The Education Safeguarding Adviser (Online Protection) and e-Safety Development Officer within the Education Safeguarding team  regularly receive queries from schools and settings regarding new and popular apps, and enquiring if template letters are available to warn parents and carers about apps, games and websites that are considered to be ‘dangerous’.

As highlighted within our recent “Online Safety Alerts  – Think before you scare” blog post; whilst schools and settings wishing to warn their community is usually well intended, this approach often has the opposite effect. In many cases it can generate unnecessary fear with parents and carers, and can increase children’s curiosity about apps etc. that they had not previously heard about.

New apps, games and websites appear online on a daily basis and it would be unrealistic to ask professionals or indeed parents and carers to be aware of and understand all of them. The sites and services that children and young people like to use will change regularly. If schools and settings raise concerns every time a new app or service appears, then they may find themselves sending daily communications to parents and carers! It is essential to acknowledge that whilst the apps, games and websites that  children and young people use will change frequently, the messages and support that they need to keep themselves safe online will remain the same.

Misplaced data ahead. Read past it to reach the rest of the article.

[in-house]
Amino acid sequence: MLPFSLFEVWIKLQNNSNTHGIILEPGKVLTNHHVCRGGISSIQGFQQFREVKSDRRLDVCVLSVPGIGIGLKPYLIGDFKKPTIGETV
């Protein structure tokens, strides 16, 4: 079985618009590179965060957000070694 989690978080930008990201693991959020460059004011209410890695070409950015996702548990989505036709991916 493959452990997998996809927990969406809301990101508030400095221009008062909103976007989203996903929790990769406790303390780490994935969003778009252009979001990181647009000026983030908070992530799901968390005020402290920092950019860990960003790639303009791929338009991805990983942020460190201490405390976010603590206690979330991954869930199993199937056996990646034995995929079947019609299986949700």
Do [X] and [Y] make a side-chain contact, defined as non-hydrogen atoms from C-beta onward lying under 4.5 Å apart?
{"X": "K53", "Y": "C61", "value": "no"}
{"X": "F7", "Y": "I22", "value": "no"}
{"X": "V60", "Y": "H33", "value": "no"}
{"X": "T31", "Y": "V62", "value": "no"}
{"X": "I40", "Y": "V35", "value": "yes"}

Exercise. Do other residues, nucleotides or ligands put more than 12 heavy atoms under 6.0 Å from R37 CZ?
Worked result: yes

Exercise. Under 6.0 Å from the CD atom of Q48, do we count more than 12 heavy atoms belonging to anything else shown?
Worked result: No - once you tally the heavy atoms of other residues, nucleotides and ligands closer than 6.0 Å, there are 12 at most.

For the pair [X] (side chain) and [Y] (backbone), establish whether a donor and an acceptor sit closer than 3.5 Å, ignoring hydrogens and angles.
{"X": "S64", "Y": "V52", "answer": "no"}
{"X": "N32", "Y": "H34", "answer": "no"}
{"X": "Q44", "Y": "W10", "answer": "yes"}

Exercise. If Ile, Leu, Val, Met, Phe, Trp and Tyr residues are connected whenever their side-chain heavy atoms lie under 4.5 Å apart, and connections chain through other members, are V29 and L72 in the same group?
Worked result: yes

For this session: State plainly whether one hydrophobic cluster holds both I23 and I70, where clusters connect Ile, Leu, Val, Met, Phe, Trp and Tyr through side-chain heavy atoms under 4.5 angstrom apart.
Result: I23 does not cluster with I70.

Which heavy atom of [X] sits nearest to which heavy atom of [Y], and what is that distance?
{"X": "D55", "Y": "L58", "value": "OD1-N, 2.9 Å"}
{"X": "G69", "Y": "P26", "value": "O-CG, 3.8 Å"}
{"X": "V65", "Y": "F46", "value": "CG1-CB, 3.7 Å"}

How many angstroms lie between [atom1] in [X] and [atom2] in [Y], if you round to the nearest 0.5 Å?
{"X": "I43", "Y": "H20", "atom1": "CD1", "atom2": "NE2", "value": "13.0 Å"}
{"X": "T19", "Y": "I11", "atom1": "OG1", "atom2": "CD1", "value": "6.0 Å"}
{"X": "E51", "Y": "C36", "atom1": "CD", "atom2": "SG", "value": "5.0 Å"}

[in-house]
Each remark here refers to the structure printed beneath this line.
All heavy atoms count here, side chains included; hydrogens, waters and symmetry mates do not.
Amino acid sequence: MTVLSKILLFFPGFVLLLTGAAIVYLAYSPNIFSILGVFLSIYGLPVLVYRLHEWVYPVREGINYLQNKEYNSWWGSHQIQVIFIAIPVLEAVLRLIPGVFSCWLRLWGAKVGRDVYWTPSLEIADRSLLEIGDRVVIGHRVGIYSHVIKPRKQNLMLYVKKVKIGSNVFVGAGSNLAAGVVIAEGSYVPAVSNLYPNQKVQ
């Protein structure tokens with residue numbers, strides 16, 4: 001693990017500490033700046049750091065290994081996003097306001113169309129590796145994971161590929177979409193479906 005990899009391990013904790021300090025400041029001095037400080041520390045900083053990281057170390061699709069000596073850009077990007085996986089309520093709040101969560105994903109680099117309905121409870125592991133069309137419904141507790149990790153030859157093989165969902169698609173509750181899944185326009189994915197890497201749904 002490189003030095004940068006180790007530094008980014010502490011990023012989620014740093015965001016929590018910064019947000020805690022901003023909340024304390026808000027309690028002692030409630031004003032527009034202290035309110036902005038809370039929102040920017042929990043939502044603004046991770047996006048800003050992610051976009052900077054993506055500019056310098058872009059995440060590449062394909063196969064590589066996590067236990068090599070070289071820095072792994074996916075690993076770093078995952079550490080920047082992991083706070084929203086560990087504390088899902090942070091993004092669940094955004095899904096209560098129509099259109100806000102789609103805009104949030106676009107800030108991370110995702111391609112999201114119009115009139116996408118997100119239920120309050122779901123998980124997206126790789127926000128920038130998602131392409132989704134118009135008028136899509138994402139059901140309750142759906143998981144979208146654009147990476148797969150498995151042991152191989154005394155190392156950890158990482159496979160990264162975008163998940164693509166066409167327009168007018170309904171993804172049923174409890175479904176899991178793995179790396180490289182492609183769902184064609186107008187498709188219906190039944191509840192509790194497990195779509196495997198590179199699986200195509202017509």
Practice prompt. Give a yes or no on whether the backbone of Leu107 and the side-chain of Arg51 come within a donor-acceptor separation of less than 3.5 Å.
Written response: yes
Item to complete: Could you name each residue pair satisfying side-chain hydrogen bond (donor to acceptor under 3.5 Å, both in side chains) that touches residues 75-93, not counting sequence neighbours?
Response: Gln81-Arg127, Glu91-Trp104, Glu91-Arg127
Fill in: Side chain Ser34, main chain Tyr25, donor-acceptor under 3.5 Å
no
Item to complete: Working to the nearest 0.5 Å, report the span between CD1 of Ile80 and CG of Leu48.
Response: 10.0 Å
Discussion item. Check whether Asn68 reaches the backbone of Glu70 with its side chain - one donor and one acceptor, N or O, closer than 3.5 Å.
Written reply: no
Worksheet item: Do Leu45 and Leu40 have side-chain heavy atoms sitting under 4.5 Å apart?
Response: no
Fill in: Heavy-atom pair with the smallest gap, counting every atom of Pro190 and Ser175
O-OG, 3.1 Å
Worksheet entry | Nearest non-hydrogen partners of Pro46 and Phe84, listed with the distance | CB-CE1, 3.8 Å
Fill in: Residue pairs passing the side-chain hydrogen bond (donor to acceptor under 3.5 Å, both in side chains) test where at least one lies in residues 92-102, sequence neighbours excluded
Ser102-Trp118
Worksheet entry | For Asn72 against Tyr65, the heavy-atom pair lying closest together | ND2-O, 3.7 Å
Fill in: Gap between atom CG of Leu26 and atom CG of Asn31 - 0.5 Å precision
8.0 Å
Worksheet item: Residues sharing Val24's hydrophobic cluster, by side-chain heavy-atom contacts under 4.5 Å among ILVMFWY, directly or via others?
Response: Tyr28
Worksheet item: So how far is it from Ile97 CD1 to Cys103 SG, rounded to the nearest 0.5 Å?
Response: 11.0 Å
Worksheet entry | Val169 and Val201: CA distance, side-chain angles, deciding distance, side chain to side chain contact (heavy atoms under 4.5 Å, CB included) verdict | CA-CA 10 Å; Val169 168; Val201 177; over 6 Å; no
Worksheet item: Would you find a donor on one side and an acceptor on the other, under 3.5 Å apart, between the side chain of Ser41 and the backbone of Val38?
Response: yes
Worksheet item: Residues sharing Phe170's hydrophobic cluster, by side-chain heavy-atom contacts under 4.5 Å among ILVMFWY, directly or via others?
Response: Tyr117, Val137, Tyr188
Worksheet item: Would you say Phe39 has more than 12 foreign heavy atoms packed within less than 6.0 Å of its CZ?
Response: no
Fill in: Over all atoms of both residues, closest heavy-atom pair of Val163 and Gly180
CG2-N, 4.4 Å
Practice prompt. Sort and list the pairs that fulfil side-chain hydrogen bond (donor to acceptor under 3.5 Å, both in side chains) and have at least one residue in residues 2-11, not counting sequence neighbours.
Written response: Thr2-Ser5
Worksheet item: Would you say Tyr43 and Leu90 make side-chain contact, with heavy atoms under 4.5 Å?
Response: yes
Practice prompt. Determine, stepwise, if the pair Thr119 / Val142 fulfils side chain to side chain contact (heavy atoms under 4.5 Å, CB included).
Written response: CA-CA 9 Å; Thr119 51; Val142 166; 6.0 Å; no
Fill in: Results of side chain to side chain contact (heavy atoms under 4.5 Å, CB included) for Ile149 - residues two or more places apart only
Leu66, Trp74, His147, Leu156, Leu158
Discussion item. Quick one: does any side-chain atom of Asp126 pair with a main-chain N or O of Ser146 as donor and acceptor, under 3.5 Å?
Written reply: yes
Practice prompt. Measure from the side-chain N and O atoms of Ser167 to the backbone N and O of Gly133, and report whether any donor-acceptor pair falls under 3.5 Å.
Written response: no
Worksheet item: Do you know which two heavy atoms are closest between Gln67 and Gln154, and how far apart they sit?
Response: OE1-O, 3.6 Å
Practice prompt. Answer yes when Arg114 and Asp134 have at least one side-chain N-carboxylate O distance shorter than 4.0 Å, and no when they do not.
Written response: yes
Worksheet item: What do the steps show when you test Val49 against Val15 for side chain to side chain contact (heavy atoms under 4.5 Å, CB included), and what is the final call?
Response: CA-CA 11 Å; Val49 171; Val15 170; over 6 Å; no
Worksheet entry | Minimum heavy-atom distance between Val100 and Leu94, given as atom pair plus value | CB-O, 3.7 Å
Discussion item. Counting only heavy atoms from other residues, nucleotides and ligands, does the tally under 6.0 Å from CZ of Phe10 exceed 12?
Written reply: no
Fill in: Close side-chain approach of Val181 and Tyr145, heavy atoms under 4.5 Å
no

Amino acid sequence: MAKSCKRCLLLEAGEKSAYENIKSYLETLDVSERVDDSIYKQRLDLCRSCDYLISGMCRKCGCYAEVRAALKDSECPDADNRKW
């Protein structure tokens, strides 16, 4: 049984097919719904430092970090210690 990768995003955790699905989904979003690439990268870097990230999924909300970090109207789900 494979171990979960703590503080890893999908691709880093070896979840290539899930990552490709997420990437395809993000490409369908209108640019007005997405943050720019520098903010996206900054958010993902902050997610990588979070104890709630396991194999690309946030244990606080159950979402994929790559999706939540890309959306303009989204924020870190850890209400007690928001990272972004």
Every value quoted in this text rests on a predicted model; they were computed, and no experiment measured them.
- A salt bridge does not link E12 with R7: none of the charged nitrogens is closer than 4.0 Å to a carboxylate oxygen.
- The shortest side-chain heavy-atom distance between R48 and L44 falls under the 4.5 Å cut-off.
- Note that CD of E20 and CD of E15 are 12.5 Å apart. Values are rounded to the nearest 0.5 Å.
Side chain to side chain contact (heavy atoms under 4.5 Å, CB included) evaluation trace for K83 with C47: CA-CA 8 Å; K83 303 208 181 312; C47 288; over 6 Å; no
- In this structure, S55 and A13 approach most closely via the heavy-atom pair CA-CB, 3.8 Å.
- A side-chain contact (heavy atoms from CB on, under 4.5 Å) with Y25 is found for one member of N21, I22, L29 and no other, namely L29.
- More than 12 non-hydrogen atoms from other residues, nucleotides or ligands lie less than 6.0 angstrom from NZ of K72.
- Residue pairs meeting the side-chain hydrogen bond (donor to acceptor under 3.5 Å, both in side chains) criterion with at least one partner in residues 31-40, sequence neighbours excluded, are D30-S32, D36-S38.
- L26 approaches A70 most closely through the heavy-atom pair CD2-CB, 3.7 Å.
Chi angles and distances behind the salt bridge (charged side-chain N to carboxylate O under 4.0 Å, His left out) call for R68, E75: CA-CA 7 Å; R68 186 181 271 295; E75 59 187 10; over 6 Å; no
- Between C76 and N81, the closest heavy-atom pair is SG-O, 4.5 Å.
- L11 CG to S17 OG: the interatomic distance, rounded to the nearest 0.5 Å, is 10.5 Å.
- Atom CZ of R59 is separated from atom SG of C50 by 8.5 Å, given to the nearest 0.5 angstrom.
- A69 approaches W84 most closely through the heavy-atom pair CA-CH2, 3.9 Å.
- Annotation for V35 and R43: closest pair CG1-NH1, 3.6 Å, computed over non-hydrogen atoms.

We would instead suggest that schools and settings considering raising awareness with parents and carers regularly about how they can be involved with their children’s online lives. The recent NSPCC #ShareAware campaign is one of many excellent tools that schools and settings could use to help parents and carers.

To support schools and settings, we have created two template letters that may help encourage parents and carers to consider safe and appropriate use of new apps and websites. Schools and settings may find these letters useful to share with parents, as both proactive and preventative measures, ans well as following a specific concern.

Some schools and settings have reported issues with engaging  parents and carers when sending out general online safety awareness letters. One approach could be for the school/settings to work with their learners to re-write the template letters, so they are specifically written for their own parents/carers. As learners are asking their parents/carers to help them with their online use,  settings may find that this will help increase engagement.  Another approach could be to adapt the content within the template letters and “drip feed” the information throughout the year via other communication tools, such as newsletters, emails or an official social media presence.

The Education Safeguarding Team do have a range of template letters that highlight particular apps. We are able to share these with Kent schools and settings following consultations regarding specific incidents. Kent schools and settings are encouraged to contact the Education Safeguarding Adviser (Online Protection) and e-Safety Development Officer if they wish to access this content.